Working the Weather By Laser


Stephen Luntz

Freelance Writer

clockApr 22 2014, 17:26 UTC
735 Working the Weather By Laser
If we could make our own lightnight using lasers we might have a better way to bring the rain
We hate to give comfort to all those conspiracy theorists who believe the US government is controlling the world's weather, but progress is finally being made on the old dream of finding a way to make it rain.
Most efforts towards artificial precipitation have relied on chemical means, using dry ice or silver iodide to provide the particles on which moisture in the air can condense to become large enough to start to fall. 
However, most efforts have had a mediocre payoff at best. Lasers offer another path. Charged particles attract water to become raindrops, which is why the charged stream left behind by the first lightning bolt of a storm can bring on rain, and one paper suggests a single lightning stroke can be responsible for around 7000 tonnes of rain. Electrical discharges in the laboratory have been found to cause water droplets to form on the walls of glass chambers.
A recent study concluded that laser pulses could break N2and O2 particles into excited atoms that would then react to form NO and O3. As endothermic reactions these draw heat out of the atmosphere, triggering condensation while ionized particles formed in the process become seeds for rain. Unfortunately, this paper assumes a peak intensity over 500m. Instead the beam's energy dissipates with distance and past efforts have not stretched 500mm, let alone meters.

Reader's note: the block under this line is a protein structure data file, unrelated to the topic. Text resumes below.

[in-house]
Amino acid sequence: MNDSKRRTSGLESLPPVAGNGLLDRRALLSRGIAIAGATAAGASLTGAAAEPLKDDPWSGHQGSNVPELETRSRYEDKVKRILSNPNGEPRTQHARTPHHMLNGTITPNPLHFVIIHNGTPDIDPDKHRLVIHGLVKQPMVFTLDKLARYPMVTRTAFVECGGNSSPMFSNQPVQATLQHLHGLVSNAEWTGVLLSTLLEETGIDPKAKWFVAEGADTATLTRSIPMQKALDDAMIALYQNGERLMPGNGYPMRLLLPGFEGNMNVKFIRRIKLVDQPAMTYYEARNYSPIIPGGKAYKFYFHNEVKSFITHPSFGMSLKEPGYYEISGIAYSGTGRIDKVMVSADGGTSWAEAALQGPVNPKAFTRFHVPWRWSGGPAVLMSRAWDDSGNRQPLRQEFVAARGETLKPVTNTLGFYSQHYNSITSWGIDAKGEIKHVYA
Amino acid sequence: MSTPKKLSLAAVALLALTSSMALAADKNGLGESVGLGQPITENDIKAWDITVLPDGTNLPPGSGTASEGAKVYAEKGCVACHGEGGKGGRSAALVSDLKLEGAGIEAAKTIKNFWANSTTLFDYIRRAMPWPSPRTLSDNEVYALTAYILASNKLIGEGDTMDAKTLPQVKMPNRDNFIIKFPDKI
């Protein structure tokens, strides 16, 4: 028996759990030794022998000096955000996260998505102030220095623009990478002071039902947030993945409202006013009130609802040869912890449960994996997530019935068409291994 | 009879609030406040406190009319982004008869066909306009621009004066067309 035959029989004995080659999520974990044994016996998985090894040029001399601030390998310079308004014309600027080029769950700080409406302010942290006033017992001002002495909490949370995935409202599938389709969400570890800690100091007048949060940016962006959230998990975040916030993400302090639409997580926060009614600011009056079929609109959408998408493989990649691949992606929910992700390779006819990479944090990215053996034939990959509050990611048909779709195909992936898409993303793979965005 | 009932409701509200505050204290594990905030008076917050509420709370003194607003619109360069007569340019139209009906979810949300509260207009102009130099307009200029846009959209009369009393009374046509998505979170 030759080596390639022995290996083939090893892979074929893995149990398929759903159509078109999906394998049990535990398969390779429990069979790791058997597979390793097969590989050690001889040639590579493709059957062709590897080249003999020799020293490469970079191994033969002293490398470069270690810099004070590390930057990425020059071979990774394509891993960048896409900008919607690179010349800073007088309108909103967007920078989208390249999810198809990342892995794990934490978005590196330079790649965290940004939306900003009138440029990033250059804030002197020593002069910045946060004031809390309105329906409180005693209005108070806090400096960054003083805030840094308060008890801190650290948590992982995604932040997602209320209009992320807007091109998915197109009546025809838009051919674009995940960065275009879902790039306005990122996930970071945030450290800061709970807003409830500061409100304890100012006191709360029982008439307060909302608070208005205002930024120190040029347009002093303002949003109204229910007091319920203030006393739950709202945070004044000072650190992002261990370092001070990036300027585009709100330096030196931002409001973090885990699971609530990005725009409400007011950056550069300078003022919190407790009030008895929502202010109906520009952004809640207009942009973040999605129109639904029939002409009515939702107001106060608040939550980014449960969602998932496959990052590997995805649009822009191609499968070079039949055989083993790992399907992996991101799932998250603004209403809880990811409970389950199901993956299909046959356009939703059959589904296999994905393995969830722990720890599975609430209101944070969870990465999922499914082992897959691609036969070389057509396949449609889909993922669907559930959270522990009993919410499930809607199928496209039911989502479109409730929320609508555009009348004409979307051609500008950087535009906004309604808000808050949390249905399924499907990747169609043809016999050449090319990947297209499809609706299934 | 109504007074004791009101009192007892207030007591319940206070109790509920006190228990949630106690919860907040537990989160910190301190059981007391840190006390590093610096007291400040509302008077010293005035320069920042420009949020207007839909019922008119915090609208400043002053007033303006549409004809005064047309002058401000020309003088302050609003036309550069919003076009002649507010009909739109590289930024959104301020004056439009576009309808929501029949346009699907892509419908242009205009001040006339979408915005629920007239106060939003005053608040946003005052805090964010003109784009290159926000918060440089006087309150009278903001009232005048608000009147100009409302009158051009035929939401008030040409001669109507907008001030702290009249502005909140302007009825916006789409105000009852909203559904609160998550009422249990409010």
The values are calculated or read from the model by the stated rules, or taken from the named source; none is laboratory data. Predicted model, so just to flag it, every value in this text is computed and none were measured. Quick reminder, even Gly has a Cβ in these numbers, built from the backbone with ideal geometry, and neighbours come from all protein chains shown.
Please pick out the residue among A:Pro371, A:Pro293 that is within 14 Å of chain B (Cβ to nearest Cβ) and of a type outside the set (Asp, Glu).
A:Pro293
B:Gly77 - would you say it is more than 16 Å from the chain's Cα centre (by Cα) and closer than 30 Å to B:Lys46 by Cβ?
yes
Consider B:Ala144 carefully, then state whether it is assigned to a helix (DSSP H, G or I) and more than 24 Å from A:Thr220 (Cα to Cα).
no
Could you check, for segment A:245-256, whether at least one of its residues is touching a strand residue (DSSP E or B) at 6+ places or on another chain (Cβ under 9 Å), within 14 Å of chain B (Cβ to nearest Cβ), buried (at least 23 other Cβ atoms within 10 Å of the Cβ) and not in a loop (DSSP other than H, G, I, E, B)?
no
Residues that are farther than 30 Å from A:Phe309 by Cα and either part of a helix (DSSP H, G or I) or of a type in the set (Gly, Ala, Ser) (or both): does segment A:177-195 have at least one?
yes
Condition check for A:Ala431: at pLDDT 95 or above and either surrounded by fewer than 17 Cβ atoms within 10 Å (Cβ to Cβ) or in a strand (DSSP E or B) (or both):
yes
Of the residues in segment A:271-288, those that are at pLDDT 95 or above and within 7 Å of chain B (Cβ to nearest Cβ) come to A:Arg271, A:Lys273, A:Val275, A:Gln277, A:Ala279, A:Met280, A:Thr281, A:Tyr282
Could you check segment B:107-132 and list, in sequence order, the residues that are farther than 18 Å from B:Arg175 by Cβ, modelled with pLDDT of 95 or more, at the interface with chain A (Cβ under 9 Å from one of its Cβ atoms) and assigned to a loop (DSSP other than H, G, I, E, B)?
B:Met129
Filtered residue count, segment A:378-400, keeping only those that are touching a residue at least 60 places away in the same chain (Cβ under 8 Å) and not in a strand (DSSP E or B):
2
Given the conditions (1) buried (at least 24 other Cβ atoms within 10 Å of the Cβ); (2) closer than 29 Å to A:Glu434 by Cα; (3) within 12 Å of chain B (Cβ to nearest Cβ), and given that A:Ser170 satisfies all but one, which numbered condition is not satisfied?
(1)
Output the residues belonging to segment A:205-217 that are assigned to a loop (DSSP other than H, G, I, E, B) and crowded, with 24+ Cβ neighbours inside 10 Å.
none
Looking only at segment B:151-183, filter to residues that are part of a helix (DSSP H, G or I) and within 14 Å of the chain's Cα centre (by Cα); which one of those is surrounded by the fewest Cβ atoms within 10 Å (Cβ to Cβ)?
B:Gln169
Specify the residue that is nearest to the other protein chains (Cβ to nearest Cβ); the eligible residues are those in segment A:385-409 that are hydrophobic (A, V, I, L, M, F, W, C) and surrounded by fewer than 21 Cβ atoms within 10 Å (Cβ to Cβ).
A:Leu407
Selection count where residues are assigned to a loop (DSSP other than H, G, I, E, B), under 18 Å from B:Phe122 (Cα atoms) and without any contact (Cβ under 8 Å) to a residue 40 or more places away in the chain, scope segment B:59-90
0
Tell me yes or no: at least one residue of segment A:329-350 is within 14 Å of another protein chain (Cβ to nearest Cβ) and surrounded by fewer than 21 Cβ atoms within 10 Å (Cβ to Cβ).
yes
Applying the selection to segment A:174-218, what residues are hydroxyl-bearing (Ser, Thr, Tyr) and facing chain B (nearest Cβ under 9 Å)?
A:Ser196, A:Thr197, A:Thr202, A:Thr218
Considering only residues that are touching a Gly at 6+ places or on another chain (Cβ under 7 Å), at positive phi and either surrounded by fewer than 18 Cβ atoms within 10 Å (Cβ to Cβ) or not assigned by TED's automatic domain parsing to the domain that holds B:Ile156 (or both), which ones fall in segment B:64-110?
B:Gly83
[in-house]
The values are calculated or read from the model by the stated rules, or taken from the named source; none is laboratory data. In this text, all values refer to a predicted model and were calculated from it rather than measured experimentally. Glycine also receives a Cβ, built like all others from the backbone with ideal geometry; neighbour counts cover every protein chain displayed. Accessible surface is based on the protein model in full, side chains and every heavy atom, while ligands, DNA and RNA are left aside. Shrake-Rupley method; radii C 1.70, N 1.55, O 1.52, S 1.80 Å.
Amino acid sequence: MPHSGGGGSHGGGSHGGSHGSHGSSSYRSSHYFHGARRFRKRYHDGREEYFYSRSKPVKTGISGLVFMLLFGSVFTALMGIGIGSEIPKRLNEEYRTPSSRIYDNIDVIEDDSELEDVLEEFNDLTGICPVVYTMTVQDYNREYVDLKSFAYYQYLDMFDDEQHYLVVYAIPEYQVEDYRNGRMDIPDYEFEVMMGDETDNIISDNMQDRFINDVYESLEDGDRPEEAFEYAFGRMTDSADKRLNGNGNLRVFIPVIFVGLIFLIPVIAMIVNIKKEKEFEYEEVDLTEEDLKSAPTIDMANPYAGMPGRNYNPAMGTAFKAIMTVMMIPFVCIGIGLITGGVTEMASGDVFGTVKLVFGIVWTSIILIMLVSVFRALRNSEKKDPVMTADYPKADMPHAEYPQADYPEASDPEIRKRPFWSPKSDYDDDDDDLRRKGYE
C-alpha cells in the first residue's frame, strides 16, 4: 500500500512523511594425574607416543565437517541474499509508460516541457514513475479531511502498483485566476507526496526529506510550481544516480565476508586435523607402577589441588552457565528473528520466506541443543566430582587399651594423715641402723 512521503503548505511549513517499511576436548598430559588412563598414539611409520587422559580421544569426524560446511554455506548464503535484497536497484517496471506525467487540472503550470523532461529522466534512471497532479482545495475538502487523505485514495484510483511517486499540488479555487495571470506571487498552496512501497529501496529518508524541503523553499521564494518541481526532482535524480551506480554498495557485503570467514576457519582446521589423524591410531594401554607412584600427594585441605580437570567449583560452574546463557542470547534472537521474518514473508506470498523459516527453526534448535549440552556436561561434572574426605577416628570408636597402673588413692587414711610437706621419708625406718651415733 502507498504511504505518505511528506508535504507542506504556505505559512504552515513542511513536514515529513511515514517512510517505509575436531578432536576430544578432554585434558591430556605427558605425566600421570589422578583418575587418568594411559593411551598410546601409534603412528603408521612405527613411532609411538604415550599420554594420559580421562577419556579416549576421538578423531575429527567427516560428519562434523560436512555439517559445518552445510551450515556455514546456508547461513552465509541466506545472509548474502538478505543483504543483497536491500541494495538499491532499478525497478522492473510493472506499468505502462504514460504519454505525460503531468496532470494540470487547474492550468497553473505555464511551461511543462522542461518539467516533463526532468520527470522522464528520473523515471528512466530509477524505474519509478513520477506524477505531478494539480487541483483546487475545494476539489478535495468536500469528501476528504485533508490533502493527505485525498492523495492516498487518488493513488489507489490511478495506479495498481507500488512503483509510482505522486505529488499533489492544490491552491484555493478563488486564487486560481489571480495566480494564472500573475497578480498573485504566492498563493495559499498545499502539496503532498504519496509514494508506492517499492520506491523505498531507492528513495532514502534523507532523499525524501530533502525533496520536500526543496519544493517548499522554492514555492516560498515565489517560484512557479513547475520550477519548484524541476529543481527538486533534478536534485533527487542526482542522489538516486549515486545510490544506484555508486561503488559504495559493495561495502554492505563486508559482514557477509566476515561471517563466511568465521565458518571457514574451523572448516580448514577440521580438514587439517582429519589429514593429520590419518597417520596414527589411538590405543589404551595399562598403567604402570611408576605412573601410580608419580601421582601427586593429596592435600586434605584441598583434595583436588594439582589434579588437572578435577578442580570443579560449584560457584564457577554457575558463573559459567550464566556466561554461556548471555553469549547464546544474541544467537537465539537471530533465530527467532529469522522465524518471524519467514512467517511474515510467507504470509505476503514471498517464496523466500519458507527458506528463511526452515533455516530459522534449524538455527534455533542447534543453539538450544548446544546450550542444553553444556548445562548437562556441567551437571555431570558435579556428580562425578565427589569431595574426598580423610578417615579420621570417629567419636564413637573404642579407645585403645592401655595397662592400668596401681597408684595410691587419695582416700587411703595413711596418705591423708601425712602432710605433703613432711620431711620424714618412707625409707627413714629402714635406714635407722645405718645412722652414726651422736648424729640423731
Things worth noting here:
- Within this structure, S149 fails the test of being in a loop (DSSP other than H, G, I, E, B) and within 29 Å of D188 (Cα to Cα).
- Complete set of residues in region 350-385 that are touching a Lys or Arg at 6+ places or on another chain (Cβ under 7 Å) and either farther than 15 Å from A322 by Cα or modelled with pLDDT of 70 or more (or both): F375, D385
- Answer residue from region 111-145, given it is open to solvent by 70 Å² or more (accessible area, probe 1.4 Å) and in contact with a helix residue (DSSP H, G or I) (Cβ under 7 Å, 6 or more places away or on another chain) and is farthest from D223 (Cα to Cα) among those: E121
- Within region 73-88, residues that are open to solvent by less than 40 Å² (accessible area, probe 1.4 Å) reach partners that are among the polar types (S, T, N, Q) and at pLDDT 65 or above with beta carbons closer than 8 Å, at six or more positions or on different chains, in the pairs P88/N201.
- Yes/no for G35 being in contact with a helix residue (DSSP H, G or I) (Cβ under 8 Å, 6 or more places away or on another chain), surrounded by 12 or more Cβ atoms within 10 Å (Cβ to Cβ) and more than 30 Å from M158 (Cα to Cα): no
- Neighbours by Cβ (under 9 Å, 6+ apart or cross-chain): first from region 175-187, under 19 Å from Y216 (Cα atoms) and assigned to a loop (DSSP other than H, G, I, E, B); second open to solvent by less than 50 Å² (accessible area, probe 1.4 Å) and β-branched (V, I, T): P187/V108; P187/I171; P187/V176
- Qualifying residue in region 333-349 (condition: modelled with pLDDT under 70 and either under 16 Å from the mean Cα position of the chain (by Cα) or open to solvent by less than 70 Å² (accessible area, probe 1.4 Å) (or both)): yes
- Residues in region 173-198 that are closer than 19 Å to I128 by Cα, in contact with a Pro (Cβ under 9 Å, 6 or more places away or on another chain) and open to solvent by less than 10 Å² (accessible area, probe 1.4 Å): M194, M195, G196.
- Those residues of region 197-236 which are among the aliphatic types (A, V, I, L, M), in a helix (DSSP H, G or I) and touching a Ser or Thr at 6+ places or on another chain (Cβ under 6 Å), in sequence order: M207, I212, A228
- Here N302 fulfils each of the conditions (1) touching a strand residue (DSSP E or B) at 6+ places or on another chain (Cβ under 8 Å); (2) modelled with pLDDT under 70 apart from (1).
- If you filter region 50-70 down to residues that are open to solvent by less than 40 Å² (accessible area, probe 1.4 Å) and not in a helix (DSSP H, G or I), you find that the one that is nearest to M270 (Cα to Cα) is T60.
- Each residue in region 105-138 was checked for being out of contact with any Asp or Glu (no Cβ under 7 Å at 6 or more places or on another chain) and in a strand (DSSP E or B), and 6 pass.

However, a paper in Nature Photonics demonstrates that it is possible to refuel the laser beam through a second laser wrapped around the central beam, acting as what the researchers call an “energy reservoir”. Using this method the length of the plasma column can be extended by a factor of ten or more. “Our approach offers an efficient and viable route towards the generation of extended light strings in air without inducing premature wave collapse or an undesirable beam break-up into multiple filaments,” the paper says.
"Because a filament creates excited electrons in its wake as it moves, it artificially seeds the conditions necessary for rain and lightning to occur," says co-author Matthew Mills, a graduate student at the University of Central Florida. Single beams have been enough to create “electrical events” within clouds, but not managed to make lightning or rain.
"What would be nice is to have a sneaky way which allows us to produce an arbitrary long 'filament extension cable.' It turns out that if you wrap a large, low intensity, doughnut-like 'dress' beam around the filament and slowly move it inward, you can provide this arbitrary extension," Mills says. "Since we have control over the length of a filament with our method, one could seed the conditions needed for a rainstorm from afar. Ultimately, you could artificially control the rain and lightning over a large expanse with such ideas." 
Even with the greatly extended length Mills and his colleagues have achieved the pulses still reach little more than 2m, but they are working on extending this.
"This work could ultimately lead to ultra-long optically induced filaments or plasma channels that are otherwise impossible to establish under normal conditions," says co-author Professor Demetrios Christodoulides. “"In principle such dressed filaments could propagate for more than 50 meters or so.”
Something that can bring the rain draws attention, and will really matter if it can be done on a scale that brings relief to drought plagued lands, but other applications are being considered as well. The authors list remote sensing, spectroscopy, channeling microwaves and lightening protection as possibilities. They also see potential in the combined laser technique for attophysics, the process of using pulses lasting 10-18s to probe the dynamics of electron behavior around atoms.

Like all weatherwork however, rain-bringing lasers carry the risk of unintentional effects elsewhere. Some experiments in seeding clouds found that they did often trigger increased rainfall, but at the price of reduced rain nearby, which tended to make the farmers who didn't benefit rather annoyed, although more recent trials appear to have avoided  this problem.